When it’s time to go down, Lexus has hill descent control built into its crawl control technology. Think of this as off-road cruise control, where all I have to do is designate a speed and the computer does the rest. But y’all, when going downhill this thing is really noisy. I’m talking noisy enough to make me think the whole SUV is just going to fall apart and send me careening out of control. It’s bad. But at least the tech works, even if it sounds horrible while doing so.
The J201 has a 9-foot-long wheelbase and an overall length of about 16 feet, so sharp turns are not its jam. However, there is a nifty turn assist that brakes the inside wheel to help the SUV pivot into a tighter turning radius. This really helps the J201 stay on a tight trail. There’s a Warn winch incorporated into the J201’s front bumper and while I don’t need to use it during my day of off-roading, as long as there’s something to hook the winch to, the Warn should get this SUV unstuck from any situation.
What I really like about the J201 is the overall level of comfort. My own off-road rig doesn’t have air conditioning, the seats are crap and it feels like my fillings are going to rattle out of my head. Not so in the Lexus. It’s 90 degrees Fahrenheit outside but with my cooled leather seats and the air conditioning blasting away, I’m not breaking a sweat. The seats are comfortable and supportive — and heated, for those cool desert nights — and my head isn’t getting tossed around like basketball in the NBA All-Star game. I could get used to this.
Lexus’ standard infotainment system is found inside and just like in the standard LX 570, it’s pretty terrible. The 12.3-inch screen is controlled by a temperamental joystick that’s difficult and distracting to use, especially while out on the trail. Apple CarPlay and Android Auto aren’t available, either. What is this, 2008?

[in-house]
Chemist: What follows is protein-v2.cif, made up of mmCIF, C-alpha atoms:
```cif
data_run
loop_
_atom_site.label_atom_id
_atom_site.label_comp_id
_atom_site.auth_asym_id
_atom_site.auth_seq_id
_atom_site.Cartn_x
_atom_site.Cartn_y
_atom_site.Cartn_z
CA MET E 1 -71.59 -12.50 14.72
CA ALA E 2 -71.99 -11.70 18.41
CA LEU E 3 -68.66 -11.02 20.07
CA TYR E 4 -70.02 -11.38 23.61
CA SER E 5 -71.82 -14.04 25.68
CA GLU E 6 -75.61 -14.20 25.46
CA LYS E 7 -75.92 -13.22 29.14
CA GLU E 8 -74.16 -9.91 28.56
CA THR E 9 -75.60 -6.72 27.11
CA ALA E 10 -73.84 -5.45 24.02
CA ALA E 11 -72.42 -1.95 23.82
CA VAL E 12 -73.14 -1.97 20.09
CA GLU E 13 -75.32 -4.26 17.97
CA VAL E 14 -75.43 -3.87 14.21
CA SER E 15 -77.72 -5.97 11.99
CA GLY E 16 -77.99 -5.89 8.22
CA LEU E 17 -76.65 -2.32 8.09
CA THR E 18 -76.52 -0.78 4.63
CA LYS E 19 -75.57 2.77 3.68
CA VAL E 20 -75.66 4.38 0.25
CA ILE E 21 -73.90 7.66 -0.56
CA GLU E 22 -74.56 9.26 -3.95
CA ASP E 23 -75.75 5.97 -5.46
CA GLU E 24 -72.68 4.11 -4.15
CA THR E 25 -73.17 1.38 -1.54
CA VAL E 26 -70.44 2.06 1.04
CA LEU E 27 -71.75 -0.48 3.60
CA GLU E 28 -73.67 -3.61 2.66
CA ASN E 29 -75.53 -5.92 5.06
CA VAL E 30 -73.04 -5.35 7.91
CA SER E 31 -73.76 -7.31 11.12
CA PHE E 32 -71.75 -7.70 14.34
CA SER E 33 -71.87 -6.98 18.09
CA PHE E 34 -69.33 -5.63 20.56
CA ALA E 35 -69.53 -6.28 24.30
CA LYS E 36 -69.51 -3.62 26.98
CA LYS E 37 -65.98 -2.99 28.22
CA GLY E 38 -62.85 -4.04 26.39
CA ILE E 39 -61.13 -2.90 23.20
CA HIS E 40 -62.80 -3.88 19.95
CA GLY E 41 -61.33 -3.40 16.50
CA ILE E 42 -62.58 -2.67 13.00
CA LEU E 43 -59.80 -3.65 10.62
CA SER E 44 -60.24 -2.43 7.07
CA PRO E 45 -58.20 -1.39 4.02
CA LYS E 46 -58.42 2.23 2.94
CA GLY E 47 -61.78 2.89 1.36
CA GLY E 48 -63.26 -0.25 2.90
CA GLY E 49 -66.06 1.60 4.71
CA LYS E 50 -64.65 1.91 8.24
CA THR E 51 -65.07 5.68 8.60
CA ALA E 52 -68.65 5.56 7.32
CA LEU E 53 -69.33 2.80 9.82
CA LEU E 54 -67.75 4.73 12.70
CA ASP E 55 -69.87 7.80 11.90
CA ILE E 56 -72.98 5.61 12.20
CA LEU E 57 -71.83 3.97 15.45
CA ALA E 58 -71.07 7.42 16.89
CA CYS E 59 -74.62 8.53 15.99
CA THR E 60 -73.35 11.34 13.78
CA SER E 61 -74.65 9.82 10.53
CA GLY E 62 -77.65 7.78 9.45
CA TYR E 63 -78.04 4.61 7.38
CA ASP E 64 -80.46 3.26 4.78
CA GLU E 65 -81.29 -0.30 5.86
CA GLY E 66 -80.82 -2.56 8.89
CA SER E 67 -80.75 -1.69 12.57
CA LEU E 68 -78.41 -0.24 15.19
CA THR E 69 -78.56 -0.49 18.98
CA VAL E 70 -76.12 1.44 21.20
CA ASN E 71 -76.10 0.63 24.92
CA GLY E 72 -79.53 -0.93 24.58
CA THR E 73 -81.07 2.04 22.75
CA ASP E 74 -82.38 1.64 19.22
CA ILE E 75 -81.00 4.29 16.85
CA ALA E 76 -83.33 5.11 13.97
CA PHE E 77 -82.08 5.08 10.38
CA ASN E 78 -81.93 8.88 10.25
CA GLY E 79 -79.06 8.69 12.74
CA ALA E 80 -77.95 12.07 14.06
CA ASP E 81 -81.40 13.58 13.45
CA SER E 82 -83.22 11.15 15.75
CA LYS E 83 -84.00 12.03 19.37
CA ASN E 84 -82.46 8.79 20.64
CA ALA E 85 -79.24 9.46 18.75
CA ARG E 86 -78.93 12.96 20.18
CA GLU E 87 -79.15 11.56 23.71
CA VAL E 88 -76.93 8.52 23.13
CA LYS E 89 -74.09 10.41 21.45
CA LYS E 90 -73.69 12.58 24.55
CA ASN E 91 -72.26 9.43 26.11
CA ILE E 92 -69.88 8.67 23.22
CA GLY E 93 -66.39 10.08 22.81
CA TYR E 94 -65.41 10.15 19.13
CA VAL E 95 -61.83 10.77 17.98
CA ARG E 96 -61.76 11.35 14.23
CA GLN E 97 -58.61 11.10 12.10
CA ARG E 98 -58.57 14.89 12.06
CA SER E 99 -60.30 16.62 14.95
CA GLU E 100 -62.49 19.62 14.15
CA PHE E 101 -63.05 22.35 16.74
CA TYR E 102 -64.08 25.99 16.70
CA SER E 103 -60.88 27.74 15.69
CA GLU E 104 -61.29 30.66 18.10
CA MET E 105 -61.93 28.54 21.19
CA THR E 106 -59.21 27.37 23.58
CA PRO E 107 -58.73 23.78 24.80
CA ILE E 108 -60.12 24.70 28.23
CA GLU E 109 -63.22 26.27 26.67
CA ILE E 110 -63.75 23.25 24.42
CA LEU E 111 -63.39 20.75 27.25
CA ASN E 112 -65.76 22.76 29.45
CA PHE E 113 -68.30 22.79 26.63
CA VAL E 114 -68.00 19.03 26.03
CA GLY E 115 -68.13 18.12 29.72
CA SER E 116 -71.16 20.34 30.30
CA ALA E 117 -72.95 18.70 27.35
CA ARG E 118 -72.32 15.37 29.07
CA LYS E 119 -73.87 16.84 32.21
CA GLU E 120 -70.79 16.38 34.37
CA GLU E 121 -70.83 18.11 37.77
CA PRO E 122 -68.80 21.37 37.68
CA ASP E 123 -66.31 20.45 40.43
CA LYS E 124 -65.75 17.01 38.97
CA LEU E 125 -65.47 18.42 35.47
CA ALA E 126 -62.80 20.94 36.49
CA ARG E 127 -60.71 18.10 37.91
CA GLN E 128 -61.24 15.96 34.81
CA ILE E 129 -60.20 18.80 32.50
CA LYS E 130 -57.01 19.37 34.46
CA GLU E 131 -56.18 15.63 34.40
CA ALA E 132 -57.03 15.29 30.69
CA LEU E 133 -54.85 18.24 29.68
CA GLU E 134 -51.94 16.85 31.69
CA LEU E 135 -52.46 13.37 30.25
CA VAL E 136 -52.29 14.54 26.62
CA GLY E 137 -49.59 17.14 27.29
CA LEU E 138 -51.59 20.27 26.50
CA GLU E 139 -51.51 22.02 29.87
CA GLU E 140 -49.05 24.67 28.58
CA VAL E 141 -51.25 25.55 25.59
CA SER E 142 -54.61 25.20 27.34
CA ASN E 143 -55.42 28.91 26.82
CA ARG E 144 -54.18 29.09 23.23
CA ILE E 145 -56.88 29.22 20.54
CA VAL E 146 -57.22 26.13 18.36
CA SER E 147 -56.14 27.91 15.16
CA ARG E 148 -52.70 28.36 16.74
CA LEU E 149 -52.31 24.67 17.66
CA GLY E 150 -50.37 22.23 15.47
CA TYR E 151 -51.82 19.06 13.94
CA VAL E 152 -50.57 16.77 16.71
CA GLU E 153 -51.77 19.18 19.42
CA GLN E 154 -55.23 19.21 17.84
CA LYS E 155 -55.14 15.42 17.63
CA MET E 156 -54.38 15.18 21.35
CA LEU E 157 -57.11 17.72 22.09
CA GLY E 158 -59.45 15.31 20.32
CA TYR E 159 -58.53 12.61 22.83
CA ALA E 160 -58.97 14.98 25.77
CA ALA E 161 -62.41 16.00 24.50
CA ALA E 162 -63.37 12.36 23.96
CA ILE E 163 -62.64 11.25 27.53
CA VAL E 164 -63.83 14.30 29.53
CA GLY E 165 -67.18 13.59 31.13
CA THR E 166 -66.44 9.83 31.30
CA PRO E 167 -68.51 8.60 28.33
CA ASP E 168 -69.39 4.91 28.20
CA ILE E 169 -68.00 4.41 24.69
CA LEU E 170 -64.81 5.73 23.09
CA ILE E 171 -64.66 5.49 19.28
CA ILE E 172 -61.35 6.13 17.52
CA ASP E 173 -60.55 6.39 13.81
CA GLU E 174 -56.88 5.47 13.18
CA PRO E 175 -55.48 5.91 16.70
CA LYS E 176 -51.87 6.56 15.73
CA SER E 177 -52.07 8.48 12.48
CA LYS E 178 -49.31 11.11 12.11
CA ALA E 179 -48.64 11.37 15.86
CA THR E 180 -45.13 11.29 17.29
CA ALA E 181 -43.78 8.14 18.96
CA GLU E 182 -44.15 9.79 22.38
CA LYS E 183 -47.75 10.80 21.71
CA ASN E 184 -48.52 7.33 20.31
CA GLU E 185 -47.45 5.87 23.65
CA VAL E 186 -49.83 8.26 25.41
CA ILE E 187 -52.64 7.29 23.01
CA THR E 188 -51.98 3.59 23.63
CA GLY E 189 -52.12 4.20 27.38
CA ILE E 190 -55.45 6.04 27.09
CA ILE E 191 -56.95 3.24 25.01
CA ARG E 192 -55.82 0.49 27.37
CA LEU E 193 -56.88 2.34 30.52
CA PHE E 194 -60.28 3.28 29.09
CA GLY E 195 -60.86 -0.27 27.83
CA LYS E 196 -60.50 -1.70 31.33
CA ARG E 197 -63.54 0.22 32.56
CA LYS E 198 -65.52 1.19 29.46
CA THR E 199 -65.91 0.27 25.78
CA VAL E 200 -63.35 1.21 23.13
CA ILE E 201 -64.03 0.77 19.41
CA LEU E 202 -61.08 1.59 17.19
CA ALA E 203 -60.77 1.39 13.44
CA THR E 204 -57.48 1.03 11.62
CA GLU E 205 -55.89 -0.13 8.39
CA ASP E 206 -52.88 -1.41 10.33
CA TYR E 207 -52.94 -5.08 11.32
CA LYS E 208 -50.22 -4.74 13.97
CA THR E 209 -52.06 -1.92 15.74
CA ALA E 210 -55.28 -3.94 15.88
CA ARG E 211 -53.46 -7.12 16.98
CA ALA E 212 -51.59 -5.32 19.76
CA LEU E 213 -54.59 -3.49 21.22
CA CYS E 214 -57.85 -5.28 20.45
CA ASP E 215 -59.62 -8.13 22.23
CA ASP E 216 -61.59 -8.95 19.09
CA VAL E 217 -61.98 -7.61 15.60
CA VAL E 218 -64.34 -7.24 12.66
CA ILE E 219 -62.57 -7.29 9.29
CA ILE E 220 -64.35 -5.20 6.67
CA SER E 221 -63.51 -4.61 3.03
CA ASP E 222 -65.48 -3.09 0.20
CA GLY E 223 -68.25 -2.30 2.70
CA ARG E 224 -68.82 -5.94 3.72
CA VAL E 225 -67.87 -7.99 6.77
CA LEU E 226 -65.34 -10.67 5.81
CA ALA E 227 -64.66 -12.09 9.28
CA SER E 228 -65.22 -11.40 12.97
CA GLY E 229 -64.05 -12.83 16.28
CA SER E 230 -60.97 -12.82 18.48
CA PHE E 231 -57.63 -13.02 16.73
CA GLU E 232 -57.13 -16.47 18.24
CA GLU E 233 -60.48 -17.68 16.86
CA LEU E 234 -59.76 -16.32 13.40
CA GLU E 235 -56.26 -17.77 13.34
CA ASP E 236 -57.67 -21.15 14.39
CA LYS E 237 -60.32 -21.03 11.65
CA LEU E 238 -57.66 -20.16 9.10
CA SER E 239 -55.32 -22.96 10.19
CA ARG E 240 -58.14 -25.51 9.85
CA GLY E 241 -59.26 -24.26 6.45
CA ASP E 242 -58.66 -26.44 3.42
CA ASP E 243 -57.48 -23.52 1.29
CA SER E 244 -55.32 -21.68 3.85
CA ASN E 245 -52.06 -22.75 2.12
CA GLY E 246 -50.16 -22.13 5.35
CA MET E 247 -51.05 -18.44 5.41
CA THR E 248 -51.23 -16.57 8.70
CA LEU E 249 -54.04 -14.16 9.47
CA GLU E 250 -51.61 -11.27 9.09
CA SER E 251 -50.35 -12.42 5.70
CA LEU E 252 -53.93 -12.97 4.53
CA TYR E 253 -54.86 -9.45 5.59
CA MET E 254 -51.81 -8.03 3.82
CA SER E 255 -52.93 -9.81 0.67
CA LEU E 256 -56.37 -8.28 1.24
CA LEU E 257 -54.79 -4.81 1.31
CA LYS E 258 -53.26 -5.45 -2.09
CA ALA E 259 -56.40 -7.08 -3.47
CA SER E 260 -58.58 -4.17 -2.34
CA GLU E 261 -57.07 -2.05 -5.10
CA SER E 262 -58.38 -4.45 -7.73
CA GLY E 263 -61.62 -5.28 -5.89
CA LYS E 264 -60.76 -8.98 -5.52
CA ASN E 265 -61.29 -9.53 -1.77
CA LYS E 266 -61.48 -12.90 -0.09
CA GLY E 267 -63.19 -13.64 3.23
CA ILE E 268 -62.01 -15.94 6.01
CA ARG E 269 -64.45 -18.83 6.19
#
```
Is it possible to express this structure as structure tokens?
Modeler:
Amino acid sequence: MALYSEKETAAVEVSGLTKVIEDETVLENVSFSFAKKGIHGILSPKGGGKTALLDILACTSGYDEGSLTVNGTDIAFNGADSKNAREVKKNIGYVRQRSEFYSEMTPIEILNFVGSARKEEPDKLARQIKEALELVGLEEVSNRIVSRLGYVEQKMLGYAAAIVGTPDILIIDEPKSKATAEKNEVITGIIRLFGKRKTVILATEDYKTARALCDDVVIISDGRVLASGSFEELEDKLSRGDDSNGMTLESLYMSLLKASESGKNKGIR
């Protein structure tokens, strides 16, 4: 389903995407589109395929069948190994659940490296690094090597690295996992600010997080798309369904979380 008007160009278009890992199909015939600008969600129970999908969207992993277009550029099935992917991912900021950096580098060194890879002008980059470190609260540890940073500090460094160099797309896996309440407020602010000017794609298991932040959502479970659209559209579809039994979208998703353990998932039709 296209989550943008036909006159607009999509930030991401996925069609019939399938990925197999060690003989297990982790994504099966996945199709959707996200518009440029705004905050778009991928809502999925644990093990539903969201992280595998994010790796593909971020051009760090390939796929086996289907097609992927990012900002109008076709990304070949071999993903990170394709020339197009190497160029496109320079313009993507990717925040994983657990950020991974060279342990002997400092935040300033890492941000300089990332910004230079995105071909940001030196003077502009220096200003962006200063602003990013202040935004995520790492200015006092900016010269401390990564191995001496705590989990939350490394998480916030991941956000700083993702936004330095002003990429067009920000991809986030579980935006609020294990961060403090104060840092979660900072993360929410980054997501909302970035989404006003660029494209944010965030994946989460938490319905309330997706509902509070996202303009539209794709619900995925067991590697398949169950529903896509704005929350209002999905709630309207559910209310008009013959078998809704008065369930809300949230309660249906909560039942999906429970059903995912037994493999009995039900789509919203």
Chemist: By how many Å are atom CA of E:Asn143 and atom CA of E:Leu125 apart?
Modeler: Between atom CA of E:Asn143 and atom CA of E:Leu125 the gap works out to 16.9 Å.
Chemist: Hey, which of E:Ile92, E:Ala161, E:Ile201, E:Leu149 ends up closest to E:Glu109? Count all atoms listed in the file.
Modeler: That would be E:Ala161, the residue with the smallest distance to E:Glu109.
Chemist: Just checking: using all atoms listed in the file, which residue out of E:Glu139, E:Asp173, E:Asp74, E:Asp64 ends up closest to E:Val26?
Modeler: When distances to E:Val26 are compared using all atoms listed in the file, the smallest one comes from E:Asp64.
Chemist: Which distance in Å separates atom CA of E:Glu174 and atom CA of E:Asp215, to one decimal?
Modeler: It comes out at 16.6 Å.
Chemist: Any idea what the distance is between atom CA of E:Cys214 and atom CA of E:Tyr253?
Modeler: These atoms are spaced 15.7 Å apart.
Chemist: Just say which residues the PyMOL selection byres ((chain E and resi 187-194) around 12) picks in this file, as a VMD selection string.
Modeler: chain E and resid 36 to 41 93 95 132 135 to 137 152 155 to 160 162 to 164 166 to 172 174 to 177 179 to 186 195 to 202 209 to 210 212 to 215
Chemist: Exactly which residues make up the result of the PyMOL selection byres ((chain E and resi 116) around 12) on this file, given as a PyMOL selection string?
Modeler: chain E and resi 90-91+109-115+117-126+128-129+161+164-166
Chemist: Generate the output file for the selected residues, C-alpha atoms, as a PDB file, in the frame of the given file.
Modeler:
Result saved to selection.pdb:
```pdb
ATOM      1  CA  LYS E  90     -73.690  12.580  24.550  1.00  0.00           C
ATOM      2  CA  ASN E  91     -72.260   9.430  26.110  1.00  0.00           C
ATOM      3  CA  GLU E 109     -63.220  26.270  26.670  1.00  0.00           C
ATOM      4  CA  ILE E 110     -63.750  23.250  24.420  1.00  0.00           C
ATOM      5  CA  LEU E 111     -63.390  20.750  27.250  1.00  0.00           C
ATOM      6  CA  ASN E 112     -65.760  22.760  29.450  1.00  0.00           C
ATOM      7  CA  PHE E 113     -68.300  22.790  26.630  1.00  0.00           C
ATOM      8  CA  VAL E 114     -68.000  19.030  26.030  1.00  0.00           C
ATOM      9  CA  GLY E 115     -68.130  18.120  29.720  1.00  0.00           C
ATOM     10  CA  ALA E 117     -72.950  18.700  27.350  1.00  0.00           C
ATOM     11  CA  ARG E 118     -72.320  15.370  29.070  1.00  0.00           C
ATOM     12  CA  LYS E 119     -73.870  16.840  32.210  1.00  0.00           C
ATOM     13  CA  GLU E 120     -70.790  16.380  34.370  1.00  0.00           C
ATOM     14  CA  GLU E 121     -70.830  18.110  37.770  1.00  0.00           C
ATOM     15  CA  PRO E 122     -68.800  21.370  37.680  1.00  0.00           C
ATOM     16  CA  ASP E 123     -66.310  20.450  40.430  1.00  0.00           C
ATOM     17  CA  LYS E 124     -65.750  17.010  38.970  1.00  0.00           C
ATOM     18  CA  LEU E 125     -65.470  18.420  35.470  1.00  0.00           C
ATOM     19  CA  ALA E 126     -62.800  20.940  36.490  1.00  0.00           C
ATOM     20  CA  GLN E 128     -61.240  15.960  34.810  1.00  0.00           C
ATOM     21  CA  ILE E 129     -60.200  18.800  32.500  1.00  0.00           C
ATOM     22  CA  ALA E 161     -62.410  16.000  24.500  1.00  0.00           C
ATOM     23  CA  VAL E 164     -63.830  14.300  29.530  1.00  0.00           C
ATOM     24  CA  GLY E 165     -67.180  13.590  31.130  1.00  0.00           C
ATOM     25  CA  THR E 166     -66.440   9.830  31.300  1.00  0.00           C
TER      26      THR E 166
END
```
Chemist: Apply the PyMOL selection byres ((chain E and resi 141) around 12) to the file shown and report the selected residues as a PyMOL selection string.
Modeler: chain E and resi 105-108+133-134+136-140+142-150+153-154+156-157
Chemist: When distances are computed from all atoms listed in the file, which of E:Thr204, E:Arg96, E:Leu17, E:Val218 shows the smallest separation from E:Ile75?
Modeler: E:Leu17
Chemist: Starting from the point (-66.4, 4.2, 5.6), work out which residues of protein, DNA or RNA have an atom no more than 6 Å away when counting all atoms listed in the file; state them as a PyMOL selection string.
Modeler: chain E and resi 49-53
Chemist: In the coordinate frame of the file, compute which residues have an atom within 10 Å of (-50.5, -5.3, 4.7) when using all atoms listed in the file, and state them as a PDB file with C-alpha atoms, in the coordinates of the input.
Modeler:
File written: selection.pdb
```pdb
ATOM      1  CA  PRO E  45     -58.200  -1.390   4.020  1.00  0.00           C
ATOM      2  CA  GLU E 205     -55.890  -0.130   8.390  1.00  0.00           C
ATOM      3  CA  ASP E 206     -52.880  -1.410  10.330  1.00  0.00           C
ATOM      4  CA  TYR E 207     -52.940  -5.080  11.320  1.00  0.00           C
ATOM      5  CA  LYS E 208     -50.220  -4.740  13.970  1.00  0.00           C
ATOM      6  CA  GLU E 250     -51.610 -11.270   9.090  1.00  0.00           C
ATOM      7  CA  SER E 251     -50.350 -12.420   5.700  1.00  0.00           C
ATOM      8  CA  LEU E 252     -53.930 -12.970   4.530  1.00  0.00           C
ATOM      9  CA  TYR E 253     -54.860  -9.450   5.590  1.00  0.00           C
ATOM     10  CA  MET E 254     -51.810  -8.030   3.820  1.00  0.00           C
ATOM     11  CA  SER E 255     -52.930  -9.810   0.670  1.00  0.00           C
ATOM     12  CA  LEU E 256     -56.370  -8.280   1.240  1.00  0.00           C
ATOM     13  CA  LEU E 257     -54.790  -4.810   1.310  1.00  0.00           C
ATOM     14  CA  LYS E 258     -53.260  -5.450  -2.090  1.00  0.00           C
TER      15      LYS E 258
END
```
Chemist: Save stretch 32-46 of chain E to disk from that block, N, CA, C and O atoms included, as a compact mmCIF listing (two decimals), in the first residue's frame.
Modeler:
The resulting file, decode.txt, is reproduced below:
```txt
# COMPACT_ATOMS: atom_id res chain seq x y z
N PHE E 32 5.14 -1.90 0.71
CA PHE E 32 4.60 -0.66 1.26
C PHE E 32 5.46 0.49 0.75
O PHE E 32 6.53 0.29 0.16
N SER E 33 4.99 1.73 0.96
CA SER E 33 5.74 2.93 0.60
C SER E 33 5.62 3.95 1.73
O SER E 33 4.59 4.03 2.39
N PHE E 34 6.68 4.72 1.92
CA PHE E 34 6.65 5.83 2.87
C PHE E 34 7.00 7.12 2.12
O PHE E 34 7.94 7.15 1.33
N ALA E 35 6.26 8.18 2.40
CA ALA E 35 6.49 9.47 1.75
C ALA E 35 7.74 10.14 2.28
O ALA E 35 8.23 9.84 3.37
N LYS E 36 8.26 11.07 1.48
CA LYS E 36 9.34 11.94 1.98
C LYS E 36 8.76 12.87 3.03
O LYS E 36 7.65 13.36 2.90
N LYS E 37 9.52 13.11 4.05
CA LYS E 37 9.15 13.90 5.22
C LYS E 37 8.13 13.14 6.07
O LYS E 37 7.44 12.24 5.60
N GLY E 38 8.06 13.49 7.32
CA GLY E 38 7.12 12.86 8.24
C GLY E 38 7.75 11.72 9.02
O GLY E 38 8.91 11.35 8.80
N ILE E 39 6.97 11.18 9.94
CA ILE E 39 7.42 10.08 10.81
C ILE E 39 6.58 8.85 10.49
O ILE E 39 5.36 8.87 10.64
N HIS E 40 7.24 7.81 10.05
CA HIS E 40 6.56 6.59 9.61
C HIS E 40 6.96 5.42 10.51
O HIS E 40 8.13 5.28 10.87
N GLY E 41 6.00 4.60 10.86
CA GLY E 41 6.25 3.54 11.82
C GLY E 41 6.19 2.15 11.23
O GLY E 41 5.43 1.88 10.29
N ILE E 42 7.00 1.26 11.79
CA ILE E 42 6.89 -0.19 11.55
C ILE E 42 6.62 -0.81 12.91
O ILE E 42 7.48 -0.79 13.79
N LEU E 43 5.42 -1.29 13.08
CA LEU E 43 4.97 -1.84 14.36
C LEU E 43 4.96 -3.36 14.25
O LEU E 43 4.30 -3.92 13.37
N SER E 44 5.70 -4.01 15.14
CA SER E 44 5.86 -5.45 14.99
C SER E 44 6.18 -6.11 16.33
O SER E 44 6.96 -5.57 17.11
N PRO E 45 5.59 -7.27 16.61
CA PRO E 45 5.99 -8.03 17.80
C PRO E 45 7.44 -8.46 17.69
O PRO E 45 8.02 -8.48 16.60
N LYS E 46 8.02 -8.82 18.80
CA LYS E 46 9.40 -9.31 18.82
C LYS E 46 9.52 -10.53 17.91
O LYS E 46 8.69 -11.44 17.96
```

Behind the second row of seats, the J201 has a Goose Gear drawer system with two pull-out drawers and — wait for it — incorporated dog bowls. A roof rack system from Prinsu has a nifty Maxtrax storage compartment and the CBI rear bumper sports a ladder, spare tire and a place to store two 5-gallon gas or water containers.
And yes, you’ll definitely need to carry extra gas if you expect to get far off the grid. The J201 has a 24.6-gallon tank and while I didn’t spend enough time in the rig to get accurate fuel economy, keep in mind a stock LX 570 only gets 14 mpg combined, for an estimated range of about 370 miles. With that supercharger and massive power increase, I’d expect much lower fuel economy in the J201. In fact, while Croft and Pawley were competing in the 2020 Rebelle Rally, they nearly ran out of gas on one particularly long day, making it back to base camp on fumes.
Lexus hasn’t said if it’ll offer a production version of the J201 (by the way, that name comes from the LX 570’s internal chassis code, URJ201). Honestly, I’d love to see something similar based on the smaller GX SUV, which is a bit more practical for off-roading. One thing’s for sure, though, with the overlanding craze showing no signs of slowing down and with Lexus’ reputation for great build quality and reliability, if the company is going to offer a factory-prepped rig, it should really strike while the iron is hot.